The European Court of Human Rights recently presided over a landmark case that has changed the rules when it comes to employee data privacy in the workplace. The matter was brought to the court in Strasbourg after an employee in Romania believed he was unjustly sacked in 2007.
The employee was dismissed after his private messages had been read by his employer. The employee’s Yahoo Chat messengers were intercepted after their employer suspected that this account, which was intended for professional purposes only, was being used for personal messages also. The employee had spoken to both his fiancée and brother using this Yahoo Chat account.
The Romanian employee, an engineer, had already had his case dismissed by Romanian courts before appealing to ECHR. The employer had told his employees that personal messages should not be sent during work hours and had warned that he was able to retrieve staff messages if necessary. The individual in question, Bogdan Mihai Barbulescu, had been asked by his employer to set up a Yahoo account specifically for communicating with clients. With all these facts considered only one of the judges presiding over the case was opposed to the final verdict, stating that employers must make their rules regarding internet usage clear to employees.
The case has sparked criticism from those concerned with employee data privacy rights, which many contend are gradually being eroded in the digital age. Some evidence provided during the courts’ deliberations, such as the transcript of the employees’ personal messages, has caused concern.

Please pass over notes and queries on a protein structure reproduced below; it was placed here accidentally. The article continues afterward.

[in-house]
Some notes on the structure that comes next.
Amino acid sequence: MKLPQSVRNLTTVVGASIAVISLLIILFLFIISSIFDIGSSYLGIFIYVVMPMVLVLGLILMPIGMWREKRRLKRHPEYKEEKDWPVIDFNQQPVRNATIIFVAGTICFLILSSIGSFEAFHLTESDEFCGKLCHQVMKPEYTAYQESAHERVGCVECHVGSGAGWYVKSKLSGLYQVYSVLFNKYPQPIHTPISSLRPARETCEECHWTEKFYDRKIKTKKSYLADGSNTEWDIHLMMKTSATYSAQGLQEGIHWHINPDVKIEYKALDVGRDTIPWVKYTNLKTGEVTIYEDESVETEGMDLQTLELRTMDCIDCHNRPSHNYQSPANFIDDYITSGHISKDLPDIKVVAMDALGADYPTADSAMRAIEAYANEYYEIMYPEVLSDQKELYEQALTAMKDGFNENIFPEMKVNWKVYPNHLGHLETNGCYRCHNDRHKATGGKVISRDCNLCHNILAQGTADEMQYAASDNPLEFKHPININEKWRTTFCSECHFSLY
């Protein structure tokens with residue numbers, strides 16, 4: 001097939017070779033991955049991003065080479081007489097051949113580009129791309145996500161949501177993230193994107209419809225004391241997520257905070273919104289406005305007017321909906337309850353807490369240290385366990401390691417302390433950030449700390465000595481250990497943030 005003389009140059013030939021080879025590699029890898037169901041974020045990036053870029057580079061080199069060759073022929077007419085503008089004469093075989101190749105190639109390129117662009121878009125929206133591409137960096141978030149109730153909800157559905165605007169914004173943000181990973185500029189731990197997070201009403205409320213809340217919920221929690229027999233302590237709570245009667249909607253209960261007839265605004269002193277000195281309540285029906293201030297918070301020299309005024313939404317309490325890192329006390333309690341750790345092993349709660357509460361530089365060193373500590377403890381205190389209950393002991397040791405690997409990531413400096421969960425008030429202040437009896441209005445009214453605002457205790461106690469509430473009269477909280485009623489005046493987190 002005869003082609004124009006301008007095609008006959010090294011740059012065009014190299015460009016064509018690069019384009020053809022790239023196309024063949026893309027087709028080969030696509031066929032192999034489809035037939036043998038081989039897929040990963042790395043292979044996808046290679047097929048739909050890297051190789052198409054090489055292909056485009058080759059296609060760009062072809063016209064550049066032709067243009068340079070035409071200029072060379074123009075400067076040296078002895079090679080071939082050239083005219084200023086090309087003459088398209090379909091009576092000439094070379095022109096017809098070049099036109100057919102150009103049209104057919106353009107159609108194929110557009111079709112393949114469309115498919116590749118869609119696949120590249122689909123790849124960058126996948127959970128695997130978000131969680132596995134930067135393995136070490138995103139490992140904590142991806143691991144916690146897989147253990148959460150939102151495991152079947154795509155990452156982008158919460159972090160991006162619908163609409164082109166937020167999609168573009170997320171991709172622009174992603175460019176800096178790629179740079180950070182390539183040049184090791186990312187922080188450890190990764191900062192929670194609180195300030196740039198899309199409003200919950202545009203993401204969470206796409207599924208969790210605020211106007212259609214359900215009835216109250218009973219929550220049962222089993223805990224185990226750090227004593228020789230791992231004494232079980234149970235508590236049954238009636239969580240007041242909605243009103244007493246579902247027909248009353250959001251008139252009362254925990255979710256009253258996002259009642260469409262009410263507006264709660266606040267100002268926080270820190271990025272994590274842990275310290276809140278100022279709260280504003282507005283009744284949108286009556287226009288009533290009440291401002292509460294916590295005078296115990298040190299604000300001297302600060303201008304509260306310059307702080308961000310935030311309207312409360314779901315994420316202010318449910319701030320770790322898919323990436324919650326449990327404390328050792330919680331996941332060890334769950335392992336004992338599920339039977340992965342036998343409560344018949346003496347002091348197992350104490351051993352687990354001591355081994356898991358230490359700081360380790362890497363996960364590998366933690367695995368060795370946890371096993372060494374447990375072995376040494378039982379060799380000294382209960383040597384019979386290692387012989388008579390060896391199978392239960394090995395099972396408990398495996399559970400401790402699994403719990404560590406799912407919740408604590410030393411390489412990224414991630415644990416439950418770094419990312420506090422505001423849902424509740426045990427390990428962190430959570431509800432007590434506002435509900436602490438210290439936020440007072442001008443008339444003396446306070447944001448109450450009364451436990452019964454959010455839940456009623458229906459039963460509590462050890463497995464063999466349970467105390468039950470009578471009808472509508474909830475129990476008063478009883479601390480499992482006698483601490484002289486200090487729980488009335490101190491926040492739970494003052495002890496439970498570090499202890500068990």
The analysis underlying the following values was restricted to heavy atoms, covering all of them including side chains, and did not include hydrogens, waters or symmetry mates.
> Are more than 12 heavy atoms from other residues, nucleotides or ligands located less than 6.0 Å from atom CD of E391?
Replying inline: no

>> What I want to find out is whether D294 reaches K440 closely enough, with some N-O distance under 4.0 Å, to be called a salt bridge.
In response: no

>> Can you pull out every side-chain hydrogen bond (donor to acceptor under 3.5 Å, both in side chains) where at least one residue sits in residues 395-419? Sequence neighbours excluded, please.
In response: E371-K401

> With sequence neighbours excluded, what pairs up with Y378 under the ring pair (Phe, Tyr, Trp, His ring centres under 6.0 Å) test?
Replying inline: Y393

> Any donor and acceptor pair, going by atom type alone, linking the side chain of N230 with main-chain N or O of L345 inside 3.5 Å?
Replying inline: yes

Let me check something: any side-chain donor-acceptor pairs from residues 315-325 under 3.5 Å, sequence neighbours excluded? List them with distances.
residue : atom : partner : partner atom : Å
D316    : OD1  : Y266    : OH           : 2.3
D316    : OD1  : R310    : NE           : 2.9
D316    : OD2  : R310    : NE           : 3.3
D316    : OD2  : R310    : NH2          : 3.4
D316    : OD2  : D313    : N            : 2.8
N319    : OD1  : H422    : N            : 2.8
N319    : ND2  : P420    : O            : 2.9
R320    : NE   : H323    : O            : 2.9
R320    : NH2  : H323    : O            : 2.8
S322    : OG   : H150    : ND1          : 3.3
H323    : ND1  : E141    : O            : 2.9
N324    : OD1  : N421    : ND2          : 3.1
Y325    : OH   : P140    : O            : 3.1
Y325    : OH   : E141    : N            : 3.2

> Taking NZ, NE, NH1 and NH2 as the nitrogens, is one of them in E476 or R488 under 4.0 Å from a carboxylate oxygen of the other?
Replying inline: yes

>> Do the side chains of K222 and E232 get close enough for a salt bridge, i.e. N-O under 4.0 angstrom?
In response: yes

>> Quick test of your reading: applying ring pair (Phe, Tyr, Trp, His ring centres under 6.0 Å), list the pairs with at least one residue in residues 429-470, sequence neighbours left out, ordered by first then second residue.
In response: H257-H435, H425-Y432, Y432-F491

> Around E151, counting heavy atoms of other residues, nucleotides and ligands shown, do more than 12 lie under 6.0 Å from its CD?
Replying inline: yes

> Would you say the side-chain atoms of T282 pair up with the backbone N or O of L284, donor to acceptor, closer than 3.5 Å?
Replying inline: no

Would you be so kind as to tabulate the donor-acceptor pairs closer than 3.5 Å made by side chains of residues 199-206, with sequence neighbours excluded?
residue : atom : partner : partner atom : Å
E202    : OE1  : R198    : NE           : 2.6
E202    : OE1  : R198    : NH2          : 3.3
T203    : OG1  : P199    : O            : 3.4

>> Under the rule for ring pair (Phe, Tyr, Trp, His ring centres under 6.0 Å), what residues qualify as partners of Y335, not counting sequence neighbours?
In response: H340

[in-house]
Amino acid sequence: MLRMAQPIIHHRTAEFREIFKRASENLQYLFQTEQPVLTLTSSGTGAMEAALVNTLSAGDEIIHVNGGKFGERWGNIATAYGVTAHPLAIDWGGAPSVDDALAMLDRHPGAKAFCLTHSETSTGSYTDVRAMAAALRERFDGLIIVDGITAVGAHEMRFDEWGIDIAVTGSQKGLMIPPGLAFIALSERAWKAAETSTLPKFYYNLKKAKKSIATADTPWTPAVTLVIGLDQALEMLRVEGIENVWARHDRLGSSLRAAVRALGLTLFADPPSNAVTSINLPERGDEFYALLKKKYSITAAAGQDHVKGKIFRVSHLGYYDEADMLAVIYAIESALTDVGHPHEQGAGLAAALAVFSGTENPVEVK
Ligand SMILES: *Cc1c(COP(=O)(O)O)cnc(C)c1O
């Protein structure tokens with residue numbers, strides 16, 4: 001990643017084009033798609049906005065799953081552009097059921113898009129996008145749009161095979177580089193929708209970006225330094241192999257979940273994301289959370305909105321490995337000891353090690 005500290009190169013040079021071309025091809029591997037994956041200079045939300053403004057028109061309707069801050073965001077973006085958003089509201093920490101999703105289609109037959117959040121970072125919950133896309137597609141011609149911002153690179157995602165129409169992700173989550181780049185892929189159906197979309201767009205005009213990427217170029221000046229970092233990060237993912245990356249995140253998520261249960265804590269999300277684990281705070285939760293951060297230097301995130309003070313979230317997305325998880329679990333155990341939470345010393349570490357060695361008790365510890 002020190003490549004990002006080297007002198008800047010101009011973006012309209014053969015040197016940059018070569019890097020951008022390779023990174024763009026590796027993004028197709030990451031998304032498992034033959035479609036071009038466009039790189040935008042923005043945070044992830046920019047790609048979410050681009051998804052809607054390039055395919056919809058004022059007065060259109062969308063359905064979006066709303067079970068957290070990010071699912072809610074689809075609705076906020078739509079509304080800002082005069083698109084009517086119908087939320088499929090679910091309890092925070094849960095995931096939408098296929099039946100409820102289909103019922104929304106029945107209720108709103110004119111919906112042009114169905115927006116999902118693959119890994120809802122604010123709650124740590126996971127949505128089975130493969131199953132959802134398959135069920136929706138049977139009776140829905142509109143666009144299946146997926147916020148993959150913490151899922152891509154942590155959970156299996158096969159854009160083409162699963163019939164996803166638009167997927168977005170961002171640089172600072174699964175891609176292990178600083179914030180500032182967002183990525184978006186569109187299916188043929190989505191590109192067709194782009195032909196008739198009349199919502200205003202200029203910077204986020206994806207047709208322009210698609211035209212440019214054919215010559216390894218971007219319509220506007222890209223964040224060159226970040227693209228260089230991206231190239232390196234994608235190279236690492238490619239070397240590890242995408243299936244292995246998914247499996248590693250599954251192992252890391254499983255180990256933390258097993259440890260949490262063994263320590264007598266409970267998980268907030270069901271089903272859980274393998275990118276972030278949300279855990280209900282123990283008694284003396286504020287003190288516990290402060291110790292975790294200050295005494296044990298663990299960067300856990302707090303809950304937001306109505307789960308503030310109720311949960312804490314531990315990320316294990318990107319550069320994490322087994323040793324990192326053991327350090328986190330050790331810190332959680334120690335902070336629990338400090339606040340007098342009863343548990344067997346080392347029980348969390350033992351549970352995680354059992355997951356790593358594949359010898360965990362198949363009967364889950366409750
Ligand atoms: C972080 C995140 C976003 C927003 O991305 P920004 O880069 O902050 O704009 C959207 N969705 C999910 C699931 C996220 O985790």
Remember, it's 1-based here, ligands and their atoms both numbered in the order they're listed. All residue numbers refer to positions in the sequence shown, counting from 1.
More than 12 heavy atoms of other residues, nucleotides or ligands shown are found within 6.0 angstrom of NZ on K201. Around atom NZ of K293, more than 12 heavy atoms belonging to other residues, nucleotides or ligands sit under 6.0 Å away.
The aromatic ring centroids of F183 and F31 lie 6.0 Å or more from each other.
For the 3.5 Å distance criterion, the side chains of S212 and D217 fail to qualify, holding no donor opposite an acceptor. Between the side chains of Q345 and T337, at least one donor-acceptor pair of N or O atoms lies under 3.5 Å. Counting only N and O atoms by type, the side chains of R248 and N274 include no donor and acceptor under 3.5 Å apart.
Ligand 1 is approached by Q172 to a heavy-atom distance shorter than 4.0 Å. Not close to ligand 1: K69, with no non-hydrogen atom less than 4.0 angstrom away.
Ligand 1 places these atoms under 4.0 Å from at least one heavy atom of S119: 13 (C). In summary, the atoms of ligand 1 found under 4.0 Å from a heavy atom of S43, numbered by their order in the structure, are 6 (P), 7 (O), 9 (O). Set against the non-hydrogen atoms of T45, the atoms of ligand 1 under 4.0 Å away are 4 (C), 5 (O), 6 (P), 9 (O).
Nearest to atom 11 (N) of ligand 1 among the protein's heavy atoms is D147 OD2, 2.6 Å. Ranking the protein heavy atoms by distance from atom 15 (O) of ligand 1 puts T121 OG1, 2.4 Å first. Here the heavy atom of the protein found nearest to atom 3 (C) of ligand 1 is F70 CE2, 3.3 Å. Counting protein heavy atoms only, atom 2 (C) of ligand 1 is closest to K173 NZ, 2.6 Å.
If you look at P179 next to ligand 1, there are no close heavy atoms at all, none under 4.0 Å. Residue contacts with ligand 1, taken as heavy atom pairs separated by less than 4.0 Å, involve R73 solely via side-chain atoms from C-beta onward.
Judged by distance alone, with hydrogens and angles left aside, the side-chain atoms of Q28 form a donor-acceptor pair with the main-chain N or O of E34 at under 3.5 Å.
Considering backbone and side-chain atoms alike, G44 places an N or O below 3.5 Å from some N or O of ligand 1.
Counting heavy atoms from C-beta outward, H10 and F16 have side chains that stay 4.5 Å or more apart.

The decision is significant for all European countries that have signed up to the European Convention on Human Rights, which includes Britain. The ruling will set a precedent for other cases across Europe of a similar nature. For employees in the UK this means that popular messenger services such as Whatsapp could be monitored by employers.
However, before any panic sets in there are some important details that weakened the employee’s defence. First of all, the employee was using a device that belonged to the firm he worked for. Secondly, he messaged during working hours using this device. Employees often communicate with loved ones throughout the working day, in most instances out of necessity, and employers often permit this within reason. However whilst most employers do respect this right such communication is expected to take place on that employee’s own device.
The court was careful to highlight that an employer must have ample reason before delving through an employee’s communications. In this instance Barbulescu’s employer looked at the Yahoo messages in the expectation of seeing professional communications only. Importantly, the employer did not look at any other content on the employee’s work device. Employers are not permitted to knowingly look at an employee’s personal messages.
There is another reason though that employee’s shouldn’t be too worried about this latest showdown at the ECHR. Employers know that if they are caught snooping on employees, or are even are suspected of doing so, mistrust and resentment will result. What’s more, lawyers have warned that employers need to be vigilant in checking the UK’s legal restrictions first before assuming that they have right to monitor their employee’s communications. Not doing so risks involving themselves on the losing side of a costly legal battle.
For a harmonious workplace it is in the best interests of both employees and employers that transparency is promoted in all matters relating to data privacy. There are enough cyber criminals and other threats to employee’s data privacy without employers also wading in.